Priceline eyes growth after positive second quarter has reported a better-than-expected second quarter, with its international businesses and showing operational and financial growth.

In the second quarter, gross bookings from all markets apart from the US was 67% ahead in local currency, coming in at $2.3 billion (£1.4 billion).

Revenue from international markets came in at $322.6 million (£203 million), a 63.3% increase versus a year ago.

The total number of room nights booked across all Priceline’s businesses in the April-June quarter was 22.8 million, nearly 50% ahead of the second quarter 2009.

Chief executive Jeffery Boyd told analysts that on the Q2 earnings call that was becoming a global business, with its Asia and North America offering opportunities set to expand.

“New markets for include the Middle East and Eastern Europe,” he said, “and it’s early days in South America where we see good potential there over time.

“But North America is also to a degree a new market for and represents an opportunity. We have been working on initiatives mainly around driving European customers to US hotels while building out’s US inventory.” is also a key part of Priceline’s plans for APAC. Agoda is the main brand for that region, but with also growing, Priceline has “two independent efforts in that market and they are both well-positioned”.

Boyd was also asked to talk about Travel Jigsaw, the Manchester-based car rental broker which Priceline acquired for an undisclosed sum  this May.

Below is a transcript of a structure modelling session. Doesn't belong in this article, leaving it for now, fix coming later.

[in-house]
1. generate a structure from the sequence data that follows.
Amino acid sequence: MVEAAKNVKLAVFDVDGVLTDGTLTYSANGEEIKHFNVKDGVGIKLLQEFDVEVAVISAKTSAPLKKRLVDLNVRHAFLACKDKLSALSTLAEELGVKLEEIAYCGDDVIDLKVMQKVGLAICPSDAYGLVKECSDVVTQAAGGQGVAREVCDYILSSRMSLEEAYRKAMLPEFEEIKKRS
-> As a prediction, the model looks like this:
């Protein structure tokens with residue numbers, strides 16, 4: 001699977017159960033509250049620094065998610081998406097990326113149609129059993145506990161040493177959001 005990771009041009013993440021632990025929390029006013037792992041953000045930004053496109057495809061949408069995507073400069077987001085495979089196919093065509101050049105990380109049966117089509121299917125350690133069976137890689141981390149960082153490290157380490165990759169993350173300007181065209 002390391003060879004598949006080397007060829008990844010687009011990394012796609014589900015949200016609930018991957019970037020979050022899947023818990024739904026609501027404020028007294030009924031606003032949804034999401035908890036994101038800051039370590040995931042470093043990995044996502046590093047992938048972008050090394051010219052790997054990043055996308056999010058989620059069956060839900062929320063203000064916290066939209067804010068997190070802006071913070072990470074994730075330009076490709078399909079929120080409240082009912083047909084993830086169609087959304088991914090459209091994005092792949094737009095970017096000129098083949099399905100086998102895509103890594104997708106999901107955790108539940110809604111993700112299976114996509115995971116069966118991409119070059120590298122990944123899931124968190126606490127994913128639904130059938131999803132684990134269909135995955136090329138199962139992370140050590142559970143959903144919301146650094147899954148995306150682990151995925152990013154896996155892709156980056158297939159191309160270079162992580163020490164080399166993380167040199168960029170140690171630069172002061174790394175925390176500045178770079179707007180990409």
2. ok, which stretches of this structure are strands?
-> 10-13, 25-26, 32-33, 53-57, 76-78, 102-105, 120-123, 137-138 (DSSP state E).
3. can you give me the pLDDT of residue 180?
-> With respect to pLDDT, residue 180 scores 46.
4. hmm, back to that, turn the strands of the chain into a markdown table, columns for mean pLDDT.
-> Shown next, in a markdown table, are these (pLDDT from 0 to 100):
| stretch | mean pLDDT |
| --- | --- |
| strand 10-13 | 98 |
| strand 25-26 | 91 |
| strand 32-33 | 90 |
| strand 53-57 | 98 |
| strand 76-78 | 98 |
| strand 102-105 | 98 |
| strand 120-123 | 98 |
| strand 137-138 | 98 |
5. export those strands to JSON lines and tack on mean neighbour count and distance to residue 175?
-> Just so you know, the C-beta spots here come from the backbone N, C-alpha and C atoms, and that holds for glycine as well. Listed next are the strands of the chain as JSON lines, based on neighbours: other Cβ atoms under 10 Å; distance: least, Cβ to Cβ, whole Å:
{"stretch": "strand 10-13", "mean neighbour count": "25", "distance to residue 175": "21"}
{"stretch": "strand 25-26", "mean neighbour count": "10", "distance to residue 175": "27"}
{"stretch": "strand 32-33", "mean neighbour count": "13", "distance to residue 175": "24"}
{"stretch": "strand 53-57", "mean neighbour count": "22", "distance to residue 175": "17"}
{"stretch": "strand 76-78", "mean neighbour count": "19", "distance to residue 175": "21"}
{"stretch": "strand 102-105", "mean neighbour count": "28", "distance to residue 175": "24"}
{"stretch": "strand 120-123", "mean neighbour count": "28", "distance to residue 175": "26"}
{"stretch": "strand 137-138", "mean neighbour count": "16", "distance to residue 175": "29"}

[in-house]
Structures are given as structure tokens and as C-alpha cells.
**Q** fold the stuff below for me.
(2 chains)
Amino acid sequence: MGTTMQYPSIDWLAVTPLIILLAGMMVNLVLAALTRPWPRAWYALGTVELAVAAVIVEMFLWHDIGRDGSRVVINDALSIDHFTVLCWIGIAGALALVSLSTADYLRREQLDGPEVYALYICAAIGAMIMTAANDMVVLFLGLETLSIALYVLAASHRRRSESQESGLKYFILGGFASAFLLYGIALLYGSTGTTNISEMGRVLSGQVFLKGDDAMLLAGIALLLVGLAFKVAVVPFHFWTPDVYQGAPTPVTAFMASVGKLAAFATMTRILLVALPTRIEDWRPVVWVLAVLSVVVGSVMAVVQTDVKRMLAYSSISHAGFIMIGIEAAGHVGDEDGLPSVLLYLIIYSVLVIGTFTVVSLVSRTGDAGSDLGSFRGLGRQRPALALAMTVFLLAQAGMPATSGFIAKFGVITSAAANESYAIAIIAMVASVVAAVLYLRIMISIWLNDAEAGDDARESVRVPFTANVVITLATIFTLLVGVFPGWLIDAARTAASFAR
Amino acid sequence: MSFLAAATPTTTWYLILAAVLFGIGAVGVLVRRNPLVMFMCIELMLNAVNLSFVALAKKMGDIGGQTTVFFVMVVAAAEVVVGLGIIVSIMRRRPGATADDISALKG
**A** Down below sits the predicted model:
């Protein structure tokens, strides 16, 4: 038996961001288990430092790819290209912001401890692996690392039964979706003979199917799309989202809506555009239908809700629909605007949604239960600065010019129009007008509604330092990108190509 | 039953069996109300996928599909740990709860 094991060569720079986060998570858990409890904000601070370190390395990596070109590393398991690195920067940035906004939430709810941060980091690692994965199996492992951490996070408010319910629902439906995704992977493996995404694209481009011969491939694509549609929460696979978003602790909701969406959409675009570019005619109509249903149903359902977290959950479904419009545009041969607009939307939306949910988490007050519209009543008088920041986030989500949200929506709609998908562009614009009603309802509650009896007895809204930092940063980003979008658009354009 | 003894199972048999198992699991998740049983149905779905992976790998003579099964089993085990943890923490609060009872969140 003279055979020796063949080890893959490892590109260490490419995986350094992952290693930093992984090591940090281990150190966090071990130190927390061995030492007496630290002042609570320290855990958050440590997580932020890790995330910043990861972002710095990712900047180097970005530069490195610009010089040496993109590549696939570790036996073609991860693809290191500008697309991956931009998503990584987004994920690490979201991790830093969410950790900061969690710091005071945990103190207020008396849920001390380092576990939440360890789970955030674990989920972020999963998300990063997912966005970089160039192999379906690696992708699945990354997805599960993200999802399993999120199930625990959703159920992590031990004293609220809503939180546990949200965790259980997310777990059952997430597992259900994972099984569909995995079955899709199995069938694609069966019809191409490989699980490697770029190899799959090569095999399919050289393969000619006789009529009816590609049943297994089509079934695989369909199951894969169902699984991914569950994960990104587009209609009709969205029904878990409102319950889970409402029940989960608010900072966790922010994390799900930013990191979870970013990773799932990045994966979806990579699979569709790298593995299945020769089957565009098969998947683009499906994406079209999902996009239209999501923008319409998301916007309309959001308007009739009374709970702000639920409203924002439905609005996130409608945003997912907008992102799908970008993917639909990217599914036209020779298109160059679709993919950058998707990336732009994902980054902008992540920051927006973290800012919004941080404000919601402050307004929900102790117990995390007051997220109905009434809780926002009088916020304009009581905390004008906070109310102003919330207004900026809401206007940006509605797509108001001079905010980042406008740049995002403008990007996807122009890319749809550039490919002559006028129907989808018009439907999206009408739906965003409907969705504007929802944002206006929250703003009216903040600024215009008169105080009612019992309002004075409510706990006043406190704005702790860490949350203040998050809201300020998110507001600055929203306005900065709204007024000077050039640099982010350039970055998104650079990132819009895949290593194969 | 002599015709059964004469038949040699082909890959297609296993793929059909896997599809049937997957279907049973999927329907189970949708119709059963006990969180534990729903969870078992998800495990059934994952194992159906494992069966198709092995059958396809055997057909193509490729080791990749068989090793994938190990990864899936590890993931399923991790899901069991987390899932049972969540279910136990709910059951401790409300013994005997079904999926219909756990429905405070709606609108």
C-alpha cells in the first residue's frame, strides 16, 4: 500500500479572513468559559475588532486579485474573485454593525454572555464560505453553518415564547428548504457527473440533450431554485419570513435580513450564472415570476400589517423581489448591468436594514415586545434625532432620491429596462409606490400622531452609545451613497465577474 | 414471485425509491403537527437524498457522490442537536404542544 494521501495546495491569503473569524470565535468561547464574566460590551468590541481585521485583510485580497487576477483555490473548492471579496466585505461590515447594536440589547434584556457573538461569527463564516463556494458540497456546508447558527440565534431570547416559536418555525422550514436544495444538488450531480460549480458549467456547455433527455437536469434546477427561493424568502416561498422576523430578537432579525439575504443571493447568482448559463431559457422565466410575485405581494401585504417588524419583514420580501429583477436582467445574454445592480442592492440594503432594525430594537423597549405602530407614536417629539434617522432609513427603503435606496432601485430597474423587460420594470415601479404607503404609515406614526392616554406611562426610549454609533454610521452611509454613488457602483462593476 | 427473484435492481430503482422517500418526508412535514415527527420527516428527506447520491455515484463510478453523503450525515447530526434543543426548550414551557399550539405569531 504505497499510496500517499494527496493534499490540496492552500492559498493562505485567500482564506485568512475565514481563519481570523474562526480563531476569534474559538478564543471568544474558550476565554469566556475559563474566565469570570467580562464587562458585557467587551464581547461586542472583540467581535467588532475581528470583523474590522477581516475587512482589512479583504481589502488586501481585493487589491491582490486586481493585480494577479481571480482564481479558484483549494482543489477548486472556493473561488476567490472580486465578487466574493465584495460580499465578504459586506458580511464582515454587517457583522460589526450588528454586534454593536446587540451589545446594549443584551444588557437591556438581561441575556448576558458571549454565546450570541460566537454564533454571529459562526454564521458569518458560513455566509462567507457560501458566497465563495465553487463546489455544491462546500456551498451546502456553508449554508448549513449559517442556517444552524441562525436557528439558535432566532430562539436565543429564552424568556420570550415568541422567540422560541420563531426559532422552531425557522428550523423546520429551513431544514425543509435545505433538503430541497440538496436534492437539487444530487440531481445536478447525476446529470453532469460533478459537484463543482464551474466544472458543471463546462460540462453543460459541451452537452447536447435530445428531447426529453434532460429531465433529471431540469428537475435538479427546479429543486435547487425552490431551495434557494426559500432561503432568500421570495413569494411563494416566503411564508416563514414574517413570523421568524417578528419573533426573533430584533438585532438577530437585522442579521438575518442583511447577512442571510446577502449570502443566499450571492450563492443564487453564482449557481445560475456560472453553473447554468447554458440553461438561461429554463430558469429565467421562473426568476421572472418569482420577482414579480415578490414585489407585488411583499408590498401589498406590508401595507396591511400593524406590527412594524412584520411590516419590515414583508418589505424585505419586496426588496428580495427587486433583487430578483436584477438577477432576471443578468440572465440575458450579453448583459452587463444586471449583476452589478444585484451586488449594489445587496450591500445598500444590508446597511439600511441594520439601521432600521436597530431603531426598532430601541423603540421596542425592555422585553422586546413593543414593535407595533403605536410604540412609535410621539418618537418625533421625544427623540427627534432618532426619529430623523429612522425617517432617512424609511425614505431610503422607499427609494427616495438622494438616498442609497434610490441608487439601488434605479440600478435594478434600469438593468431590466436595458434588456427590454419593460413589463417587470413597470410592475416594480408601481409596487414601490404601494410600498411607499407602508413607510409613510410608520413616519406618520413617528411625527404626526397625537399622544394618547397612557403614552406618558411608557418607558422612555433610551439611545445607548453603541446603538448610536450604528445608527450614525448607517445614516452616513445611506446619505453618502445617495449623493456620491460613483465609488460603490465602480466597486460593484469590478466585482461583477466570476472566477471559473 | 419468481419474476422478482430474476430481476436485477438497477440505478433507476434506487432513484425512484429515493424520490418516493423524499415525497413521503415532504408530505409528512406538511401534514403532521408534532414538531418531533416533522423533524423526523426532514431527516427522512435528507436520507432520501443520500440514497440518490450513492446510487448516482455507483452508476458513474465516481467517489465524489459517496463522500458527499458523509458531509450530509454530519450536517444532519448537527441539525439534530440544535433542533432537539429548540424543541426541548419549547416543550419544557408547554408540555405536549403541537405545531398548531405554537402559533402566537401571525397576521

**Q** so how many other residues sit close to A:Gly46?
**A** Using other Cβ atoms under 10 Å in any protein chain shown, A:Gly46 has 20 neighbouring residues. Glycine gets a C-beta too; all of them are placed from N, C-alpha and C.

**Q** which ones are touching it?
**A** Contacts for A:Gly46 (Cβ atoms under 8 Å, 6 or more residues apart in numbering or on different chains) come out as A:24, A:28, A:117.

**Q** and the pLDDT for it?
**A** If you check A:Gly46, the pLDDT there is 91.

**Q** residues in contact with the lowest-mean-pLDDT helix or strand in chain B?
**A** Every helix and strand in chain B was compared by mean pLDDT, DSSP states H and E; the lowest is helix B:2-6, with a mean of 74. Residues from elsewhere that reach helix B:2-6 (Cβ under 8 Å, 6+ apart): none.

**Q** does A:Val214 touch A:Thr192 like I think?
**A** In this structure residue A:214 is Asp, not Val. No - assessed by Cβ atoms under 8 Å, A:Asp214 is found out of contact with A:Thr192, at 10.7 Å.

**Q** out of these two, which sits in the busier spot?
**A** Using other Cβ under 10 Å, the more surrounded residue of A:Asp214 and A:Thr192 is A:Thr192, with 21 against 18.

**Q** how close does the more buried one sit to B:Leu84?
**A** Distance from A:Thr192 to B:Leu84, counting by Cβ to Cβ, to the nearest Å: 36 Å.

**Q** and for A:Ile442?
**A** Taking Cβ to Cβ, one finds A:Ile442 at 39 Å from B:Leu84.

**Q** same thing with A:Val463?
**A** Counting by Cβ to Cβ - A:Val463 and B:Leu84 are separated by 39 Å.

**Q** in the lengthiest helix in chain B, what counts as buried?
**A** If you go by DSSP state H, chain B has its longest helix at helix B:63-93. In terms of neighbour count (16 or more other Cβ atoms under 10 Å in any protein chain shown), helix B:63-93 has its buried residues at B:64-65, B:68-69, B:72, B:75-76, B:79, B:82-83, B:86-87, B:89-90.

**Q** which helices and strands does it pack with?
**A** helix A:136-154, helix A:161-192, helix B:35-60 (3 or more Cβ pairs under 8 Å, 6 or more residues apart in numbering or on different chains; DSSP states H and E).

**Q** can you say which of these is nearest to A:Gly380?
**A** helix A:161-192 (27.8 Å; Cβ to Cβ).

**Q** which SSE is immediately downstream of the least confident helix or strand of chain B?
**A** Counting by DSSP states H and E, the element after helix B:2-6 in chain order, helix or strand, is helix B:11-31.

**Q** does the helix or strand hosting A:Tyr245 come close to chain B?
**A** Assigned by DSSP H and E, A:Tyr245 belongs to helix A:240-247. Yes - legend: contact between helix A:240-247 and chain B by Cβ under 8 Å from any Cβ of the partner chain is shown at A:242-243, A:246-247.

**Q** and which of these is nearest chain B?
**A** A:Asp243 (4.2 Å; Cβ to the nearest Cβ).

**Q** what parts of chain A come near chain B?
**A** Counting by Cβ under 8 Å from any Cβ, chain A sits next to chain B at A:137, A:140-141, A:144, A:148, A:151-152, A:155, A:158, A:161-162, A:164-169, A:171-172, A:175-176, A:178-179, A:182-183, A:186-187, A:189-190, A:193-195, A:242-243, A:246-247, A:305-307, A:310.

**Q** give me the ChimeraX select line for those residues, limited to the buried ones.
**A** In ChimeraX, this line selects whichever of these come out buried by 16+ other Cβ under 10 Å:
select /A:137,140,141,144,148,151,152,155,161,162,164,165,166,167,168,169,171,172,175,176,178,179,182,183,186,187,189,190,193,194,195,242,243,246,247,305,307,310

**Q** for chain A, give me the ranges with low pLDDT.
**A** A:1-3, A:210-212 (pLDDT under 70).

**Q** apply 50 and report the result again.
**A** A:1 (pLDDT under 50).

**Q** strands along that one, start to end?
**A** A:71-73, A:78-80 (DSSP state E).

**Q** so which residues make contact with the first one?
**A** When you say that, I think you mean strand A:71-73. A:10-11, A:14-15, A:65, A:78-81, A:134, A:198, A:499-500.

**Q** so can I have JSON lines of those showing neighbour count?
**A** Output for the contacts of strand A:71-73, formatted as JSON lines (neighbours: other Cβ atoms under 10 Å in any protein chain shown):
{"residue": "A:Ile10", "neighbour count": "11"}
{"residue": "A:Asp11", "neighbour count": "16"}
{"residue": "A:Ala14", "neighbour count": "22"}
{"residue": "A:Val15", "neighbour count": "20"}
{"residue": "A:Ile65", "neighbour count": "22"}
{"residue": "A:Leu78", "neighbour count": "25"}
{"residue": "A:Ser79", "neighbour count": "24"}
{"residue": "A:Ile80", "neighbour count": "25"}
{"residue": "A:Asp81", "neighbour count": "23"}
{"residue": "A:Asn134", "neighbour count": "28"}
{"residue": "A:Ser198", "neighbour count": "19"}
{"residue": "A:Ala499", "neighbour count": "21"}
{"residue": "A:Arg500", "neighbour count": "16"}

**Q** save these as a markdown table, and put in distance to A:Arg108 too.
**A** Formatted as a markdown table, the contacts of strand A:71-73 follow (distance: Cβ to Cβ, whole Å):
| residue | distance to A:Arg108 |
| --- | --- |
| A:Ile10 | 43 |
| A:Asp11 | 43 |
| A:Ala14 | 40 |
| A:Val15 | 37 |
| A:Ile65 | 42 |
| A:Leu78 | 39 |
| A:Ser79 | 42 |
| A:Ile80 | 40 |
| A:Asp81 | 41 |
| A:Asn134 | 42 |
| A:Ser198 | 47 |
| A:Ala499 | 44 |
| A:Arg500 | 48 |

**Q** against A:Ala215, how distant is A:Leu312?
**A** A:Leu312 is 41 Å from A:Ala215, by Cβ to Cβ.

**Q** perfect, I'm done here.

The business contributed $43.9 million of gross bookings in the second quarter.

“We will work with it like we did with, but the plan is to offer a fair degree of operational independence,” he said.

Areas such as business processes, intellectual property and knowledge would be shared “and over time we will look for opportunities to advertise its product on other web sites around the world. 

“But that is not the principal driver of the transaction – Travel Jigsaw will build upon and expand its international franchise in rental cars and build its own brand and direct customer flows, but we’ll take advantage of any business that we can move back and forth.”

When asked about Google and ITA, Boyd followed the OTA line of taking Google at its word, in terms of what the search giant has publicly said about wanting to improve the user experience for customers while delivering better leads for advertisers.

“If that’s how it shakes out then it could be a win for Google and a win for the OTAs,” he said.

Wall Street responded positively to the results, which were released after the market closed on Tuesday. Its share jumped by more than 20%, hitting ten-year highs.

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